New York, NY: NORML joined a coalition of drug-law reform organizations and individual citizens Wednesday to file a comprehensive rescheduling petition with the Drug Enforcement Administration (DEA) to reclassify marijuana so that doctors may legally prescribe it for medicinal purposes. The petition argues that the scientific record doesn't support the DEA's classification that marijuana has no accepted medical use in the United States, is unsafe for use, and has a high potential for abuse. The federal Controlled Substances Act (CSA) classifies drugs in five distinct categories - Schedule I through V - with Schedule I drugs being strictly prohibited. Federal law classifies marijuana as a Schedule I controlled substance without medical value.
"The DEA has never provided comprehensive scientific evidence to support their self-serving accusations about the [lack of] medical use of cannabis," charged chief petitioner and former NORML National Director Jon Gettman. "They claim these assertions are true simply because they … say they are true, as if the laws of the United States gives them the exclusive power to dictate what are and what are not the true findings of scientific research.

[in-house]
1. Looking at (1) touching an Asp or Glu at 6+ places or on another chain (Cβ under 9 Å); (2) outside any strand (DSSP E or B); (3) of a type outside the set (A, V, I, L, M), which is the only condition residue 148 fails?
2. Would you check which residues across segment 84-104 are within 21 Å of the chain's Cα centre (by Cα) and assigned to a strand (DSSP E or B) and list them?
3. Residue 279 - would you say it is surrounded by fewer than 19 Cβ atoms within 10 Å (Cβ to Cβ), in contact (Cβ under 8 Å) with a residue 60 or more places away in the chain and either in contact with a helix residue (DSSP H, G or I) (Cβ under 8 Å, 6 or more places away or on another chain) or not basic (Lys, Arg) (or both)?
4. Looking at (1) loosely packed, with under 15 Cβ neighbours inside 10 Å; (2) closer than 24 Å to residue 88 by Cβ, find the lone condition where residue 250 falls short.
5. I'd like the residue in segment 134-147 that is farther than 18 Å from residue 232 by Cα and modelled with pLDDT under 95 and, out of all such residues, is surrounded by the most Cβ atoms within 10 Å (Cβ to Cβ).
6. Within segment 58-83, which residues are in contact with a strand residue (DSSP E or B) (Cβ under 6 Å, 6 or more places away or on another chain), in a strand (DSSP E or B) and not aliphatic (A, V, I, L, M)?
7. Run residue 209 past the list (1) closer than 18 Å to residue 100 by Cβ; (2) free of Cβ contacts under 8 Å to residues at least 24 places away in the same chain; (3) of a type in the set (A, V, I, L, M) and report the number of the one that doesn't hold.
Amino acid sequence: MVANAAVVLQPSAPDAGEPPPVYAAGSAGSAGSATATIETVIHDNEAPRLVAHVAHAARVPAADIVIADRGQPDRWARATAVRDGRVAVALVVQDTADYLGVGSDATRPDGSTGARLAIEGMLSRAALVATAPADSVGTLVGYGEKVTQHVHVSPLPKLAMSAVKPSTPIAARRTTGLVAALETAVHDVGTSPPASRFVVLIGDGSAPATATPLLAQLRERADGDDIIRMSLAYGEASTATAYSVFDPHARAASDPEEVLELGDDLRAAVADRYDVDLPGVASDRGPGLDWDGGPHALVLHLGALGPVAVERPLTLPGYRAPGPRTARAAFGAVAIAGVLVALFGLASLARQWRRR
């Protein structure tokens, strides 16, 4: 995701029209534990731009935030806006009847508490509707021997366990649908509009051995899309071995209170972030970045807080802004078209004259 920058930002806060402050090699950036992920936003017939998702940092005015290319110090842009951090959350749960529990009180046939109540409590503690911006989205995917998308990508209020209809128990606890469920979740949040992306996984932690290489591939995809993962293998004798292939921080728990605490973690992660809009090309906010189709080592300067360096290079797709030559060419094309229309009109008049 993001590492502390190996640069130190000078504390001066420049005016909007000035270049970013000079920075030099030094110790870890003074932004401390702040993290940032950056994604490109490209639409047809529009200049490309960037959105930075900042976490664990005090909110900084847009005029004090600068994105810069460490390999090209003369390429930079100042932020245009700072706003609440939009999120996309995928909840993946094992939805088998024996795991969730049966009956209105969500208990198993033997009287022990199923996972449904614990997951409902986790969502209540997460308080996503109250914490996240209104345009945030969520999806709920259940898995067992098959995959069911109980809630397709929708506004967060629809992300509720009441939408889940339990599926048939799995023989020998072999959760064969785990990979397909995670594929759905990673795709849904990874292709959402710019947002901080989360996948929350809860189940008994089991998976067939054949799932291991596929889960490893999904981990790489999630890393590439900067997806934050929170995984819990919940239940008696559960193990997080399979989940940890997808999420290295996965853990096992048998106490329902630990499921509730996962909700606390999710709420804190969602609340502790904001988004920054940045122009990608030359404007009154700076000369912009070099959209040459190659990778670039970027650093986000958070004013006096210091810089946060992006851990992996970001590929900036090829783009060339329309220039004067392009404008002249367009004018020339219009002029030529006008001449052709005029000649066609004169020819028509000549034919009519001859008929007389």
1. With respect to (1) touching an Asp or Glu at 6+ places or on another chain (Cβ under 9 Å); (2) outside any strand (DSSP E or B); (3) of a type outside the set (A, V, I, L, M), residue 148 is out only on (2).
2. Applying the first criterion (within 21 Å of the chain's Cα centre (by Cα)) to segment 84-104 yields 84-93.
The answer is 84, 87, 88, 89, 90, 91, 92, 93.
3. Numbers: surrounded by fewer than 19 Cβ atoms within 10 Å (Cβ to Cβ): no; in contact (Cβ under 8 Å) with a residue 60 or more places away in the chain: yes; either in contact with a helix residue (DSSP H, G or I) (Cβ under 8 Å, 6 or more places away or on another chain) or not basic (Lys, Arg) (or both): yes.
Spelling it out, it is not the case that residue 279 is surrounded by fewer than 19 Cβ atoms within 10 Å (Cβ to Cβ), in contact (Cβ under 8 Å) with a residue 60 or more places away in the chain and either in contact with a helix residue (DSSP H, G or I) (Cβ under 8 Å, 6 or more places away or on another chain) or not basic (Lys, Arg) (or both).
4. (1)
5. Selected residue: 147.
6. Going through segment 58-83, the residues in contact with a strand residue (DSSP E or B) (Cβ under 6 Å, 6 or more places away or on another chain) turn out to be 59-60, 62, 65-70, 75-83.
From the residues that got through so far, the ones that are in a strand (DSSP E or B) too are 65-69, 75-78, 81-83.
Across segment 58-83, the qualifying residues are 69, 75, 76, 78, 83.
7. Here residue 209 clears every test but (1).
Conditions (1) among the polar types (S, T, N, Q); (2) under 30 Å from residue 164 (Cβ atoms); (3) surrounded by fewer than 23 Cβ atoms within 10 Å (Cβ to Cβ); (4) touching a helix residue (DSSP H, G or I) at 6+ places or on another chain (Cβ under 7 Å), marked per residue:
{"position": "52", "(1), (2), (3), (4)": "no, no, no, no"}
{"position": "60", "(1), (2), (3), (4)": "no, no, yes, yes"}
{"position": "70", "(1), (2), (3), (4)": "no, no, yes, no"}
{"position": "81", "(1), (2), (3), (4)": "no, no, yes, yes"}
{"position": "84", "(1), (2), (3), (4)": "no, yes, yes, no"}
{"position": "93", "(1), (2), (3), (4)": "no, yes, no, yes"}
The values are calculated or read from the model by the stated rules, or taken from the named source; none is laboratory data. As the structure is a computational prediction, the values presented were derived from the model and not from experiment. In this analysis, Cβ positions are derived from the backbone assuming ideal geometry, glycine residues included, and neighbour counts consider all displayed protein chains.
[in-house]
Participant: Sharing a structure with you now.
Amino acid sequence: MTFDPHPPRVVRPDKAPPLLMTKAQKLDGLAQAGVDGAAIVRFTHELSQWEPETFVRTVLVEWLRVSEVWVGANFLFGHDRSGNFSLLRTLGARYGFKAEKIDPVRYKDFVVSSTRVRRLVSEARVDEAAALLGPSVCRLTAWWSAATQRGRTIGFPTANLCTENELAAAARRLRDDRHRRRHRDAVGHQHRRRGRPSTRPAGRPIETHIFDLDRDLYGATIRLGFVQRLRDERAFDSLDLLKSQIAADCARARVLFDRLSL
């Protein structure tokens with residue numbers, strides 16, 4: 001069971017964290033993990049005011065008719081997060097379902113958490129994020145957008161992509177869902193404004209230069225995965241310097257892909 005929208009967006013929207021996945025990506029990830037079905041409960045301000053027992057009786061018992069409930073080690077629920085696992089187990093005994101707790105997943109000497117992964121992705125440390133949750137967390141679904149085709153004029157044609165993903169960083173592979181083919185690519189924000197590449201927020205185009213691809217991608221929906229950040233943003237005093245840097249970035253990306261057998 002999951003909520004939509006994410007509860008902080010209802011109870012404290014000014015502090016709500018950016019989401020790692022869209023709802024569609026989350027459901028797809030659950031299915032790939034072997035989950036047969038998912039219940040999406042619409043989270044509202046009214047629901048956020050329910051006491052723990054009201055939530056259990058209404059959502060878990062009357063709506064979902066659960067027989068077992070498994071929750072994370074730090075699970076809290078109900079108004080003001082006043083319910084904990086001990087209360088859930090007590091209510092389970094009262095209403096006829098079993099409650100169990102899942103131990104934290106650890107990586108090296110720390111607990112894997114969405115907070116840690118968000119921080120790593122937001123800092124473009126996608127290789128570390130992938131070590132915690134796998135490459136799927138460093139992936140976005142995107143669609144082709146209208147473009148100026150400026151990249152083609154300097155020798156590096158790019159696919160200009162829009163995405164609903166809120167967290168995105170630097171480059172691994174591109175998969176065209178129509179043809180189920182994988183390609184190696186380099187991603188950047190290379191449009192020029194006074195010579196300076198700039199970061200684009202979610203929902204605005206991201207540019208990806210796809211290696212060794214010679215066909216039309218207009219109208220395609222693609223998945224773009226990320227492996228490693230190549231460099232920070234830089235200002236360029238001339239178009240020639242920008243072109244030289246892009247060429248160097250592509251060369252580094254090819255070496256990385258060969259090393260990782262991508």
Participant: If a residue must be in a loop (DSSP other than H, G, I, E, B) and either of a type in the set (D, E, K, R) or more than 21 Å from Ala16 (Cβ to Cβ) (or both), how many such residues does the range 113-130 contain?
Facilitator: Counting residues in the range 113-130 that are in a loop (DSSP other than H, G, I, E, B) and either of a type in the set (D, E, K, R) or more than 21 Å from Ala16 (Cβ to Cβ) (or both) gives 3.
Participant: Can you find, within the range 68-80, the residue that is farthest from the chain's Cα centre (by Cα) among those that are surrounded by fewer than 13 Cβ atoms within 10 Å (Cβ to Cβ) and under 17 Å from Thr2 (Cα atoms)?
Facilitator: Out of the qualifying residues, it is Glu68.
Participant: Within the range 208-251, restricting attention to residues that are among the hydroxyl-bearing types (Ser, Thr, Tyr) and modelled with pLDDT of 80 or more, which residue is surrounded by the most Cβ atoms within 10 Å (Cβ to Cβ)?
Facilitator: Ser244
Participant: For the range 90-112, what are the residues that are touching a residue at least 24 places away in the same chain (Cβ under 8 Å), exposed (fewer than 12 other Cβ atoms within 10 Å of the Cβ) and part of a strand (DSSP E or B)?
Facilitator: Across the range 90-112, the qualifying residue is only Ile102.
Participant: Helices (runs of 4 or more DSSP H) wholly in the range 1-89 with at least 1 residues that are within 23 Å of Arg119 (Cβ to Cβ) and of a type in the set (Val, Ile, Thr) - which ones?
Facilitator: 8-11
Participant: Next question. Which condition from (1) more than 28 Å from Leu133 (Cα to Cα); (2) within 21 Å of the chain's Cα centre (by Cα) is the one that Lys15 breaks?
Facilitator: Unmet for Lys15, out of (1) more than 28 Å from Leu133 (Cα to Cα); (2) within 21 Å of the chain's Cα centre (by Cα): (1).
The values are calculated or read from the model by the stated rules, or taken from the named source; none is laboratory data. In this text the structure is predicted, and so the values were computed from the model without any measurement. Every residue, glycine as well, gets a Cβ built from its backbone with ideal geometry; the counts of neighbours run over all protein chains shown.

"The laws of the United States do not give the DEA this sort of authority. In fact, the law … obligates [them] to defer to the scientific record when it comes to the medical use of cannabis, and [it] further obligates the DEA to expedite medical access to cannabis. Instead of fulfilling these obligations the DEA instead has a longstanding policy of obstructing the access of patients in need."
Petitioners argue that current evidence of cannabis' therapeutic utility contradicts pot's Schedule I classification. The petition states, "There is also a growing consensus among scientists and health care providers that in lieu of alternatives marijuana is an adequate delivery system for cannabinoid drugs, and more specifically a consensus that data on the medical efficacy of THC and other cannabinoids drugs is sufficient to recognize marijuana's accepted medical use in the United States."
NORML filed a similar rescheduling petition with the DEA in 1972, but was not granted a federal hearing until 1986. In 1988, DEA Administrative Law Judge Francis Young ruled that marijuana did not meet the legal criteria of a Schedule I prohibited drug and should be reclassified. Then-DEA Administrator John Lawn rejected Young's determination, a decision the D.C. Court of Appeals eventually affirmed in 1994.
Gettman and High Times Magazine filed a previous petition with the DEA in 1995. The DEA issued a final denial of that petition in 2001. The U.S. Court of Appeal's upheld the agency's decision in March, ruling that petitioners were not sufficiently injured to have standing to challenge DEA's determinations in federal court.